‘Obamacare’ survives: US Supreme Court rejects big challenge


WASHINGTON – The Supreme Court, though increasingly conservative in its composition, on Thursday rejected the latest major Republican-led effort to remove the national healthcare law known as ‘Obamacare’, thus preserving insurance coverage for millions of Americans.

The judges, by a 7-2 vote, left the entire Affordable Care Act intact by ruling that Texas, other GOP-led states, and two individuals had no right to sue their lawsuit in federal court. The Biden administration says 31 million people have health insurance because of the law, which also survived two previous challenges to the Supreme Court.

The main provisions of the law include protections for people with existing health problems, a range of free preventive services, the extension of the Medicaid program which ensures low-income people and access to health insurance markets. offering subsidized plans.

“The affordable care law remains the law of the land,” said US President Joe Biden, celebrating the decision. He called for strengthening the law that was enacted in 2010 when he was vice president.

The law’s now unwavering requirement that people have health insurance or pay a fine is also left in place. Congress made this provision moot in 2017 when it reduced the penalty to zero.

Eliminating the penalty had become the hook that Texas and other GOP-led states, as well as the Trump administration, used to attack the law as a whole. They argued that without the mandate, a pillar of the law when it is passed, the rest of the law should also fall.

And with a Supreme Court that includes three people appointed by former President Donald Trump, opponents of “Obamacare” hoped that a majority of judges would finally kill the law they have been fighting for more than a decade.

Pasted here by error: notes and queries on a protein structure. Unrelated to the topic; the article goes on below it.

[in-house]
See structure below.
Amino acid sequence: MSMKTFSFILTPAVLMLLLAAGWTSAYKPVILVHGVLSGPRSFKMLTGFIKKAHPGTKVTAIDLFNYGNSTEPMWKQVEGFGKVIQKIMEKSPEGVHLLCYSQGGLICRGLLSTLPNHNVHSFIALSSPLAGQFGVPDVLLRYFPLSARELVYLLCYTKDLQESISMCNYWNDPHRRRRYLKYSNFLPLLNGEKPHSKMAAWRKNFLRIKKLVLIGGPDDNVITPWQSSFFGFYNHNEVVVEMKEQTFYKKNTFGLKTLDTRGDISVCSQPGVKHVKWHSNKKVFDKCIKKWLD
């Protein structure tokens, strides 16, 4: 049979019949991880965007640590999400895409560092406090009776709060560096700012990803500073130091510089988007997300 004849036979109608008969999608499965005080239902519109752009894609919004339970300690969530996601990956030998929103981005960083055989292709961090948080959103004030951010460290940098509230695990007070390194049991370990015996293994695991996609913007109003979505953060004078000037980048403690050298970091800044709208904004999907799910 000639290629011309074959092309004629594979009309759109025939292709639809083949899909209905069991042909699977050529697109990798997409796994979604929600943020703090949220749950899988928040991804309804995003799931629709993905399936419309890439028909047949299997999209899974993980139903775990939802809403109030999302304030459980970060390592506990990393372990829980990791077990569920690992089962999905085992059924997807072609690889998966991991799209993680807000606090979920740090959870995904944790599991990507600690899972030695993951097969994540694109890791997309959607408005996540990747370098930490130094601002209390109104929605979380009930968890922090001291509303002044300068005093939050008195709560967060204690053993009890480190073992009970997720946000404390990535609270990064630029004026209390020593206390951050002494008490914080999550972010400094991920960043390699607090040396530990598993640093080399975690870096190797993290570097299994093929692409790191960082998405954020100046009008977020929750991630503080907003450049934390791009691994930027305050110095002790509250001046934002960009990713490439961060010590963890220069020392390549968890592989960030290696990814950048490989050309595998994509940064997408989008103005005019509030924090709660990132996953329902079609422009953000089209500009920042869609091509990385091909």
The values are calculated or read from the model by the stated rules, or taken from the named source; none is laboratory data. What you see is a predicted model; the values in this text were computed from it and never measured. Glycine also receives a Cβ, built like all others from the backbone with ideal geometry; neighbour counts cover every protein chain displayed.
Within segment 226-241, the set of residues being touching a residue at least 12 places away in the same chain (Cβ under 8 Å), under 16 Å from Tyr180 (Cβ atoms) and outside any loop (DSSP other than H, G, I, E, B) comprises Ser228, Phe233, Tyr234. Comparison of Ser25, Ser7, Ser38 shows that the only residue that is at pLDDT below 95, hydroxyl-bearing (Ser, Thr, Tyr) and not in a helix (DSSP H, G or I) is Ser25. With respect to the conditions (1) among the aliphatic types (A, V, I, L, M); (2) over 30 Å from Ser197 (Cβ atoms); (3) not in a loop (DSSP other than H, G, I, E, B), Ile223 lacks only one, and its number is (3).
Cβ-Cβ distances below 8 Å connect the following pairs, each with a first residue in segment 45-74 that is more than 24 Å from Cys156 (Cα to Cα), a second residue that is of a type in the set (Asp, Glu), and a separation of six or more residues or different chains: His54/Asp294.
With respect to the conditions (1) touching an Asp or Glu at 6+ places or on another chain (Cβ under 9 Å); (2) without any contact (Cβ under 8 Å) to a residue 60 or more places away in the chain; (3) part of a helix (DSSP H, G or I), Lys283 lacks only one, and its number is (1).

But the third major attack on the law at the Supreme Court ended in the same way as the first two, with a majority of the court pushing back efforts to either empty the law or get rid of it altogether.

Trump’s appointees – Justices Amy Coney Barrett, Neil Gorsuch and Brett Kavanaugh – have divided their voices. Kavanaugh and Barrett joined the majority. Gorsuch disagreed, agreeing with Judge Samuel Alito’s opinion.

Judge Stephen Breyer wrote for the court that the states and those who filed a federal complaint “have not shown standing to challenge the law’s minimum essential cover provision as unconstitutional.”

In dissent, Alito wrote, “Today’s ruling is the third installment in our epic Affordable Care Act trilogy, and it follows the same pattern as installments one and two. In all three episodes, the Affordable Care Act facing serious threat, the court managed an unlikely rescue. ”Alito was also a dissenter in the two previous cases in 2012 and 2015.

Like Alito, Justice Clarence Thomas was dissenting in the previous two cases, but he joined Thursday’s majority, writing: “Although this Court has been wrong twice in cases involving the Affordable Care Act , she is not mistaken today. “

Because it dismissed the case for the plaintiff’s lack of legal capacity – the ability to prosecute – the court did not actually rule on whether the individual warrant is unconstitutional now that there is no penalty for waiving insurance. The lower courts had quashed the warrant, in rulings that were overturned by the Supreme Court ruling.

With the latest ruling, the Supreme Court reaffirmed that “the Affordable Care Act is here to stay,” former President Barack Obama said, adding his support to Biden’s call to expand the law.